Manuel J. BALLESTEROS and Lurelia Ballesteros, doing business as Manuel's, Petitioners and Respondents, v. ALCOHOLIC BEVERAGE CONTROL APPEALS BOARD and Department of Alcoholic Beverage Control, Respondents and Appellants.
Petitioners' on-sale alcoholic beverage license was suspended by the Department of Alcoholic Beverage Control on the ground that petitioners permitted a person under the age of 21 years to enter and remain in their licensed premises without lawful business therein. The suspension was for 15 days with 10 days thereof stayed or suspended upon certain conditions. The decision of the Department was affirmed by the Alcoholic Reverage Control Appeals Board. Petitioners then petitioned the superior court for a writ of mandate directing the Department and the Board to vacate the Department's decision. The court found that there was no substantial evidence to support the Department's finding that petitioners permitted a person under the age of 21 years to enter and remain in the licensed premises without lawful business therein, and granted a peremptory writ of mandate directing the Department and the Board to vacate the Department's decision. Appellants (the Department and the Board) appeal from the judgment granting the writ.
Appellants contend that there is substantial evidence to support the Department's finding that petitioners permitted a person under the age of 21 years to enter and remain in the licensed premises without lawful business therein.
In an accusation filed by the Department on March 14, 1961, it was alleged that petitioners were the holders of an on-sale license issued for a public premises (in San Luis Obispo) and did, on February 15, 1961, permit Wilma Jean Miller, a person under the age of 21 years, to enter and remain in the licensed premises without lawful business therein. (It was also alleged with regard to petitioners' previous record that the premises had been licensed on July 27, 1954, and there had been no violation thereat, but that petitioners had suffered a 10-day's suspension of license at another premises in 1959, and that petitioner Lurelia Ballesteros had suffered a 15-day suspension of license at another premises in 1947.)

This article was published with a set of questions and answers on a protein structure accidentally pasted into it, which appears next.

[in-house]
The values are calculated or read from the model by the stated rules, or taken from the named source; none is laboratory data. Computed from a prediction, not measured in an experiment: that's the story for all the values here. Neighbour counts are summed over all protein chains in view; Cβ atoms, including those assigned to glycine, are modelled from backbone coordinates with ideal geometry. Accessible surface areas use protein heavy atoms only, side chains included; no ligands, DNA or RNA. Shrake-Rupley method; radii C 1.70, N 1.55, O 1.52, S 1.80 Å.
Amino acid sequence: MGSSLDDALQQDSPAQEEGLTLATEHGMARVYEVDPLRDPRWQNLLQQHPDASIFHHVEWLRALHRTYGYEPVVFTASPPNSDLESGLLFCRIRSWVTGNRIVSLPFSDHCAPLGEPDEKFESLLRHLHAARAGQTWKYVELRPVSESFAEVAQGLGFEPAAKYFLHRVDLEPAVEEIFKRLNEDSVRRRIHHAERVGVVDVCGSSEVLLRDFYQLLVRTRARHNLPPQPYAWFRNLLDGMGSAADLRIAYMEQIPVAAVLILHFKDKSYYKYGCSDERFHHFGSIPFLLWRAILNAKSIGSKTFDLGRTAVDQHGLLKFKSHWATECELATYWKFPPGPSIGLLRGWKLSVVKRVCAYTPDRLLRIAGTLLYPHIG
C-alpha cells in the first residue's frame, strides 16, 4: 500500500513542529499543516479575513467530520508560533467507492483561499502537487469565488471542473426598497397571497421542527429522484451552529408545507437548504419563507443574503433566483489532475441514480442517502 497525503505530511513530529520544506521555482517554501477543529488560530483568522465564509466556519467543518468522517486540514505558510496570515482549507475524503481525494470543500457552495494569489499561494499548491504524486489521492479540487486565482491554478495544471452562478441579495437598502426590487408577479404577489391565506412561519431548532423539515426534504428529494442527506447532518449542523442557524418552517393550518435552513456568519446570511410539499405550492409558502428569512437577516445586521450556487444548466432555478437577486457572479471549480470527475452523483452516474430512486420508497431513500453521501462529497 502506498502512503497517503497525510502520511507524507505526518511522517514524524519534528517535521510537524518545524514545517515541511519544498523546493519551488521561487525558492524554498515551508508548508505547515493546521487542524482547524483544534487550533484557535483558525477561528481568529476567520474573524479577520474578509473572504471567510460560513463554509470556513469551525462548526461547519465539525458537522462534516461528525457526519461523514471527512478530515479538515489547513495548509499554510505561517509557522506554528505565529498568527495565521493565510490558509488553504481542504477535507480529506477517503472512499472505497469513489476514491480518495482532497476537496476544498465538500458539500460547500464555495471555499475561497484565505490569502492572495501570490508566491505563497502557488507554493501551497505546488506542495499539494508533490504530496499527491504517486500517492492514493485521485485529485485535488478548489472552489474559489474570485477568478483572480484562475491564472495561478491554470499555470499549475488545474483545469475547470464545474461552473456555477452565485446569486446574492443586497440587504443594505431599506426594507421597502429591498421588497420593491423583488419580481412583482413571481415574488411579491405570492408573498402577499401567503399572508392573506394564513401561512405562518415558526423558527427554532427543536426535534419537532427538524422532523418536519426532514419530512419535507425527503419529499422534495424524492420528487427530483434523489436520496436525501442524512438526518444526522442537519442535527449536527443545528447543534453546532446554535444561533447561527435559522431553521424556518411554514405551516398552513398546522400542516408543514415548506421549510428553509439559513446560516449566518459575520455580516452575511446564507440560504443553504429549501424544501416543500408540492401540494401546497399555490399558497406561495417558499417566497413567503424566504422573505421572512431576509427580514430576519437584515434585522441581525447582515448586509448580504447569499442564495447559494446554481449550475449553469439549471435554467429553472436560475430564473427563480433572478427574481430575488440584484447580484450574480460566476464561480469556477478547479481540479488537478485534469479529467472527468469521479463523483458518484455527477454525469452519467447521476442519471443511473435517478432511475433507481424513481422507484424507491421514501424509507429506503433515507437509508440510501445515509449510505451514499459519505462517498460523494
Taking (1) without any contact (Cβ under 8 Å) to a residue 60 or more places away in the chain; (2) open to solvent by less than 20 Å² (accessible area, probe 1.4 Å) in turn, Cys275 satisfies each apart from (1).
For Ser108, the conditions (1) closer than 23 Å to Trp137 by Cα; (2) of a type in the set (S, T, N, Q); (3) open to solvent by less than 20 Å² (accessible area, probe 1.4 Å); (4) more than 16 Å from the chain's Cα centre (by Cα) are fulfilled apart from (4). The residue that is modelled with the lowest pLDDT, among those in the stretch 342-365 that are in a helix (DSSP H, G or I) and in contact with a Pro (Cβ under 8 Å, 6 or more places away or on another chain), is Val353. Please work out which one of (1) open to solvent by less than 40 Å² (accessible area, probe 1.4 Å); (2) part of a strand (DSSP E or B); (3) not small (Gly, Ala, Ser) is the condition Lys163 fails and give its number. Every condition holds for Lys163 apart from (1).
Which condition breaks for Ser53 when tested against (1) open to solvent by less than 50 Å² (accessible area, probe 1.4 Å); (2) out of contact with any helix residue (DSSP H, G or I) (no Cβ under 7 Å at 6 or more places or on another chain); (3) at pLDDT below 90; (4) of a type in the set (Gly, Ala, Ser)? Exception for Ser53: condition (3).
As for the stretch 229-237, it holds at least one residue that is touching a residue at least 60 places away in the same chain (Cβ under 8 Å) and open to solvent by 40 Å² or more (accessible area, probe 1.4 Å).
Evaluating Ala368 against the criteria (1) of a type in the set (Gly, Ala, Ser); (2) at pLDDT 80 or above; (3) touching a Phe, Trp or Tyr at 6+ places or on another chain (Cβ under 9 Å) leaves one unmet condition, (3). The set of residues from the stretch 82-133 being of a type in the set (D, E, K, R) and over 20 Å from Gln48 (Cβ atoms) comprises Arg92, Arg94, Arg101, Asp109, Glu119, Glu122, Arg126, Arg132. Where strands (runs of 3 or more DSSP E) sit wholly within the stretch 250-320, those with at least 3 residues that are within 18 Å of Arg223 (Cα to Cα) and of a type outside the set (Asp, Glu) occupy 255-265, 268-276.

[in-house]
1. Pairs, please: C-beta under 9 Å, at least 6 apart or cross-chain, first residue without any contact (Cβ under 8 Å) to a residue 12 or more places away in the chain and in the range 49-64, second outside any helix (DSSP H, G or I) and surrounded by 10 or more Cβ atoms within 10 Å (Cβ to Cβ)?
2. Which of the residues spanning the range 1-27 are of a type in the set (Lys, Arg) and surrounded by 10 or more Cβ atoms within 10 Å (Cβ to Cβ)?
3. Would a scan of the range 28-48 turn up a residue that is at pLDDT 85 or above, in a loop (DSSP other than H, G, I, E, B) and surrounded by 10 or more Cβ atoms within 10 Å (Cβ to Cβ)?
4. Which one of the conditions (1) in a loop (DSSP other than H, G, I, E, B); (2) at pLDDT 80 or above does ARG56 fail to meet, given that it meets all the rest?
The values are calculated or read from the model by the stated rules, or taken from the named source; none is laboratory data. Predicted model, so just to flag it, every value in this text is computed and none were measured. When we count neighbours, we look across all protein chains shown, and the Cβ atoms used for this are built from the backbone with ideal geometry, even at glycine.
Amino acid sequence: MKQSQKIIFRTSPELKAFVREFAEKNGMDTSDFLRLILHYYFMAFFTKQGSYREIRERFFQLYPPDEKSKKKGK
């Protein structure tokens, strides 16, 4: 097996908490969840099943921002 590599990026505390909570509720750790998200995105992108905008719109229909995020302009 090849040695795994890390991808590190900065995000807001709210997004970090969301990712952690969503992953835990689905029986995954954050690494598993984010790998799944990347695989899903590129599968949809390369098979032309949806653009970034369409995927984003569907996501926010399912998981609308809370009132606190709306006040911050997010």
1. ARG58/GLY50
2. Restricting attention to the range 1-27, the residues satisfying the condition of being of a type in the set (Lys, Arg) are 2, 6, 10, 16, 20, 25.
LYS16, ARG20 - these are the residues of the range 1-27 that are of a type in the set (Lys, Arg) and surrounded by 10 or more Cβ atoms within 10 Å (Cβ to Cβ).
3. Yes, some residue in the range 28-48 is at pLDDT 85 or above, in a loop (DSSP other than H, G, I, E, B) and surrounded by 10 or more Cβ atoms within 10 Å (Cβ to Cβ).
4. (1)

A hearing on the accusation was had before the Department on April 27, 1961. Wilma Jean Miller, called as a witness on behalf of the Department, testified in substance as follows: She was born on December 24, 1942, was married to Robert Miller on July 2, 1960, and resided with her husband in San Luis Obispo. At approximately 10 p. m. on February 15, 1961, she went with her husband and four of their friends to a barroom (the licensed premises) in San Luis Obispo. It was the first time she had gone there, and she went because she wanted to be with her husband and the ‘rest of the group, our friends.’ The Millers and their friends, who were members of a motorcycle club, were going to have a club meeting in the barroom. They had not been riding motorcycles that evening, and she was wearing a skirt and blouse, and the others were wearing sport clothes. As they entered the barroom, the four other persons were in front of her and her husband. They went to a table at the north wall of the room, where she sat in a chair at the corner of the table, next to the north wall. Her husband and two of the friends ‘took orders from the rest of the group’ and ‘walked over to the bar.’ (The bar was in the form of a semicircle at the south wall of the room.) There were five or six other persons at the bar, and the bartender appeared to be busy. About five minutes later her husband and the two friends returned to the table with drinks. Her husband gave her some Seven-Up, and then sat by her. A few minutes later, Officer Short came into the room, and ‘walked along the bar.’ Mr. Steelman (one of the friends) said something to the officer, and the officer came to the table. He (officer) said, ‘Is everyone here 21?’ The other persons replied in the affirmative, but she did not say anything. The officer then checked identification cards of the other persons at the table (all of whom were apparently 21 years of age), and asked her, ‘Could I see yours?’ She said, ‘I do not have any.’ She also testified that she had been in the barroom ten minutes before Officer Short came there, and during that time she had been sitting in the same chair; she had not gone to the bar; the bartender had not come to the table; the bartender had been busy at the bar, when she had noticed him; and she had not ‘touched’ the Seven-Up. She testified further that the lighting in the room was not sufficient to recognize persons or objects at a distance; she had a clear view of the bartender, but could not recognize all of his facial features; her husband was sitting in a position which partially obstructed her view of the bartender; and when the men had gone to the bar to order the drinks, they had obstructed the bartender's view of her.